On September 11, members of the Dove World Outreach Center — a Gainesville, Florida church — plan to burn copies of the Koran to commemorate the ninth anniversary of the 9/11 attacks. The protest is just the latest in a series of provocative actions from the self-described “New Testament Church,” which seems as interested in getting attention as it is in sharing the Word with the world. Unfortunately, their plan seems to have worked — and local investigators began probing the church’s tax-exempt status last year after reports that Dove World Outreach Center is essentially a scam.
The church, which was founded in 1986, has long been controversial in Gainesville. The Koran-burning protest is just the latest in a string of high-profile “protests on other issues, such as homosexuality, same-sex marriage, and abortion,” Religion News Service reports. But it seems clear that taking on Muslims is the one of the church’s central goals. The church’s leader, Dr. Terry Jones — who before heading up the Dove World Outreach Center ran a sister church in Cologne, Germany — has published a book entitled “Islam is of the Devil” and last year posted a large sign outside his church that offered passing commuters the same message. Last year, members sent their kids to public schools wearing “Islam Is Of The Devil” t-shirts (the students were sent home, creating more headlines.) The church’s website features a number of videos where Jones takes on Islam as…well, you can probably guess.
But as the Gainesville Sun reported last year, there is one thing Jones likes doing more than burning books — and that’s making money. Sun reporter Megan Rolland delved into the church’s numerous for-profit business interests and found a church that local officials say may be violating its tax-exempt status.
From the Sun:
By all accounts - the church’s Web site, interviews with current and former members and Terry Jones’ own description - the church in Gainesville, as was the one in Germany, is structured with a for-profit business operating out of tax-exempt church property, using the unpaid labor of church members to maintain a steady stream of merchandise for sale online.
Turns out the church that’s grabbing national headlines today thanks to the Koran-burning scheme is better known in Florida for allegedly operating for the financial benefit of Jones and his wife, Sylvia. In addition to a school and a food bank, the church operates a number of for-profit businesses, mostly through eBay.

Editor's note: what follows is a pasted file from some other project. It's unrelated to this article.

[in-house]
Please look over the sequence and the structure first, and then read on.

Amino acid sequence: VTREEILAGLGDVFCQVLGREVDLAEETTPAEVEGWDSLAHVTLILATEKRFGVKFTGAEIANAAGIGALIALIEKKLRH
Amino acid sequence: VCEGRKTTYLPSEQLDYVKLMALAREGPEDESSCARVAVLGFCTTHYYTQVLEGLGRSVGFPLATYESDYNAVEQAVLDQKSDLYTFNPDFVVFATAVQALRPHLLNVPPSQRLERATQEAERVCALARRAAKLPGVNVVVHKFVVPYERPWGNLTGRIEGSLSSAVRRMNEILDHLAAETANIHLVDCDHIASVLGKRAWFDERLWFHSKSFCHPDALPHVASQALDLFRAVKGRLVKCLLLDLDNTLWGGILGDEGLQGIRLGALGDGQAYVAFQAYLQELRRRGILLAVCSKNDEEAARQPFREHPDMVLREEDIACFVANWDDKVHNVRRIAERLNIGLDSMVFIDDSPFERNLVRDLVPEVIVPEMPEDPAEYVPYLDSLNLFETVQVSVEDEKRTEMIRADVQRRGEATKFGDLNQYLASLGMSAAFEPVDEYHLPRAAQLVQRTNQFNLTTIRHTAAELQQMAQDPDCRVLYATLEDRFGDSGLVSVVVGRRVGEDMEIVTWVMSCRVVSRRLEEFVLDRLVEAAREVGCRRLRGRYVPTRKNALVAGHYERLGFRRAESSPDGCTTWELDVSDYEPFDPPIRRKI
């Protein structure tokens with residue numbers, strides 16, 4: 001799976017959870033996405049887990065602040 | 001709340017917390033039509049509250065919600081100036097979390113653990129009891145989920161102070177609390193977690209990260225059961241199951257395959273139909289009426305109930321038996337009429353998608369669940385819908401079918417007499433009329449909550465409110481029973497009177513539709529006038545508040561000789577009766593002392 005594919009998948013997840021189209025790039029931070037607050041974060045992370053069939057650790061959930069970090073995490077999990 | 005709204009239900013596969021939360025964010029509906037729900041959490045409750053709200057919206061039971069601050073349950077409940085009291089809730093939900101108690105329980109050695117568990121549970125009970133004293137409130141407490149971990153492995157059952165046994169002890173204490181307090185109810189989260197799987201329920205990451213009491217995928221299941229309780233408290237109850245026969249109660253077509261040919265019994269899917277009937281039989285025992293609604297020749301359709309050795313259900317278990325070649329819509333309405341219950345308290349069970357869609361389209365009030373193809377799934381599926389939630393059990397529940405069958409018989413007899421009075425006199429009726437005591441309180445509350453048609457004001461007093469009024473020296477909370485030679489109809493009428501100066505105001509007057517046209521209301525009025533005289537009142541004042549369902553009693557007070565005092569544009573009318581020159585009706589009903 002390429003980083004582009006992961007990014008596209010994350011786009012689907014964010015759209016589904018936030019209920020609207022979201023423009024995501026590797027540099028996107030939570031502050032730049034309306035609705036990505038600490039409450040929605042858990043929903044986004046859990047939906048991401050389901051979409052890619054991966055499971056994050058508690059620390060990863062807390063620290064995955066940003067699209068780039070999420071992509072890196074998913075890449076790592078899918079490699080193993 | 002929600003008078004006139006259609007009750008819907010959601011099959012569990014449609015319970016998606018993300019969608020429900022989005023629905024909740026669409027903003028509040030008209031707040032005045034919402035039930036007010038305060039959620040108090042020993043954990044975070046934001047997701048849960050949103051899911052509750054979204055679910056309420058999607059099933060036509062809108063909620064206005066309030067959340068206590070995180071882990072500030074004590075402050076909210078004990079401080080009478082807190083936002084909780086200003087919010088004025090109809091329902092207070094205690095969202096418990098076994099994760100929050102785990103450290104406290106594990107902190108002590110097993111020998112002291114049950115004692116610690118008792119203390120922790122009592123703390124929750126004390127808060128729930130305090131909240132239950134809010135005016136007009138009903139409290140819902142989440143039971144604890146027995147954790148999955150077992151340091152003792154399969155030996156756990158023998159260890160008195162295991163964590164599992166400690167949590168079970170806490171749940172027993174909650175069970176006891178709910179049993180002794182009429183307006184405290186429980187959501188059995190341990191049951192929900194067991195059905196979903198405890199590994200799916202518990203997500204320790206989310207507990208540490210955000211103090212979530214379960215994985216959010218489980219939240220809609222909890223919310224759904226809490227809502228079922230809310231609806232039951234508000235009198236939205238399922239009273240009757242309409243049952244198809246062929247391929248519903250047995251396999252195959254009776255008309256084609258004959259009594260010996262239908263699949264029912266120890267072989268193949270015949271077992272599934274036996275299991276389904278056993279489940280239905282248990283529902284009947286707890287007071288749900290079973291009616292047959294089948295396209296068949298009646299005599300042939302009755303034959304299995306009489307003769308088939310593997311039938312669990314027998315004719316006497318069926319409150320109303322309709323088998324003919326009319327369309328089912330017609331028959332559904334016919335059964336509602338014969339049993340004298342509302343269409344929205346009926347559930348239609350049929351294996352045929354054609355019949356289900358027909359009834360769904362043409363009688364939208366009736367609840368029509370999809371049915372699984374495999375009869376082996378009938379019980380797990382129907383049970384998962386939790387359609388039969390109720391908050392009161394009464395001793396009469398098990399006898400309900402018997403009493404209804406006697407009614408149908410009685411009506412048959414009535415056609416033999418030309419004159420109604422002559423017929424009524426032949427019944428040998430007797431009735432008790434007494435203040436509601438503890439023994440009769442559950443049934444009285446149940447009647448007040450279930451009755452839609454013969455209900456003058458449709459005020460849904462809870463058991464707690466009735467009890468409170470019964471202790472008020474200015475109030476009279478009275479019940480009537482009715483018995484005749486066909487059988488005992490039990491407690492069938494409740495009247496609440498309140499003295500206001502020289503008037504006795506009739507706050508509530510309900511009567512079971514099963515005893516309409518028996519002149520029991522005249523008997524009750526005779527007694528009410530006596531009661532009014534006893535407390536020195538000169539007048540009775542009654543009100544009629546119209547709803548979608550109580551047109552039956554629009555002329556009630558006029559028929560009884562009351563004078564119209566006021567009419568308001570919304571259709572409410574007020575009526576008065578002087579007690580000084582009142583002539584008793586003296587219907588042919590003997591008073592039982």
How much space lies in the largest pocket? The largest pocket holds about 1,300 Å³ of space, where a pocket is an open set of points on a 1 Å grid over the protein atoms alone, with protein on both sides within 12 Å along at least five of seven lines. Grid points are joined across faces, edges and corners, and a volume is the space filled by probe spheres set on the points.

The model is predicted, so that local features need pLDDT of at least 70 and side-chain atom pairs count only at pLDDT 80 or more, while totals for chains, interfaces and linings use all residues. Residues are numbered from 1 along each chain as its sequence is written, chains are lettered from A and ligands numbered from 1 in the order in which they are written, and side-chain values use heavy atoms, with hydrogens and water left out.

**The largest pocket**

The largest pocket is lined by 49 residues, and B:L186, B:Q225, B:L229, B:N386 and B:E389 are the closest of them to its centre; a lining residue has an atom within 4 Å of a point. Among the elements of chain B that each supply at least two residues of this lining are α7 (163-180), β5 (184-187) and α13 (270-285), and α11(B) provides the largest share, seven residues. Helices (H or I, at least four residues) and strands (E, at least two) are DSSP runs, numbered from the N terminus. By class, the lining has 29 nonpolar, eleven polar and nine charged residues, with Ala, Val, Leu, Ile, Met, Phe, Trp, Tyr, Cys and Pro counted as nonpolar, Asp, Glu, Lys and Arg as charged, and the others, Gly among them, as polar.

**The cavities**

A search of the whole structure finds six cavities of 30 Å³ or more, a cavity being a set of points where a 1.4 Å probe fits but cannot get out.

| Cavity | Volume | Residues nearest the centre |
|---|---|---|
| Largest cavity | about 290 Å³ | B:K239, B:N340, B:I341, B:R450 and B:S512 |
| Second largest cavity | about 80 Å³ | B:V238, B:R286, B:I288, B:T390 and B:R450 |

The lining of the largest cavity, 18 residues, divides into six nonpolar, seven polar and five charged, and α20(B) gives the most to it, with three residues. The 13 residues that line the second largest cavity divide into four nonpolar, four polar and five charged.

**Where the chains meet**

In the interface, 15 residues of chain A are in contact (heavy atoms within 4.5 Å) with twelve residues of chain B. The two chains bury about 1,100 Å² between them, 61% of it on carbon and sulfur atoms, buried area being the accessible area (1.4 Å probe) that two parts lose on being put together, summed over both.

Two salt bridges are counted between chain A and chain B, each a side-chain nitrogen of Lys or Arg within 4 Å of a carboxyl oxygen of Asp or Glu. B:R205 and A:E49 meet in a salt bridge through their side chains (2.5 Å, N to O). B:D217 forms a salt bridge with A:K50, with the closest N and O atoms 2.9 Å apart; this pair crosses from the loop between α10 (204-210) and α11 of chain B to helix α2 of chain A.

More from the Sun’s 2009 takedown:
Entwined with the church’s message is a theme stressing obedience to senior pastors and work for the kingdom of God - a theme that persuaded one couple from Germany to work full time and uncompensated for Terry and Sylvia Jones’ business, TS and Company. The business sells vintage furniture on eBay.
Outside contact, even with family for weddings and funerals, is prohibited for students who attend the Dove World Outreach Academy in Gainesville. The academy members live on property owned by TS and Company, work in the selling, packing and shipping of furniture and are unpaid.
At the end of March, The Independent Florida Alligator reported that county investigators were probing the church for possibly violating tax-exemption laws. So did the Sun. And in April, the church was reportedly facing “mortgage issues.”
Now, it seems, it’s all catching up to the Joneses, and fast.
Correction: This post originally stated that the headquarters of the church “were suddenly and inexplicably put on the market” on Thursday. This was incorrect — the headquarters went on the market last year. This post also incorrectly implied that the Sun report had been published in recent days. The Sun story was from 2009. We regret the errors.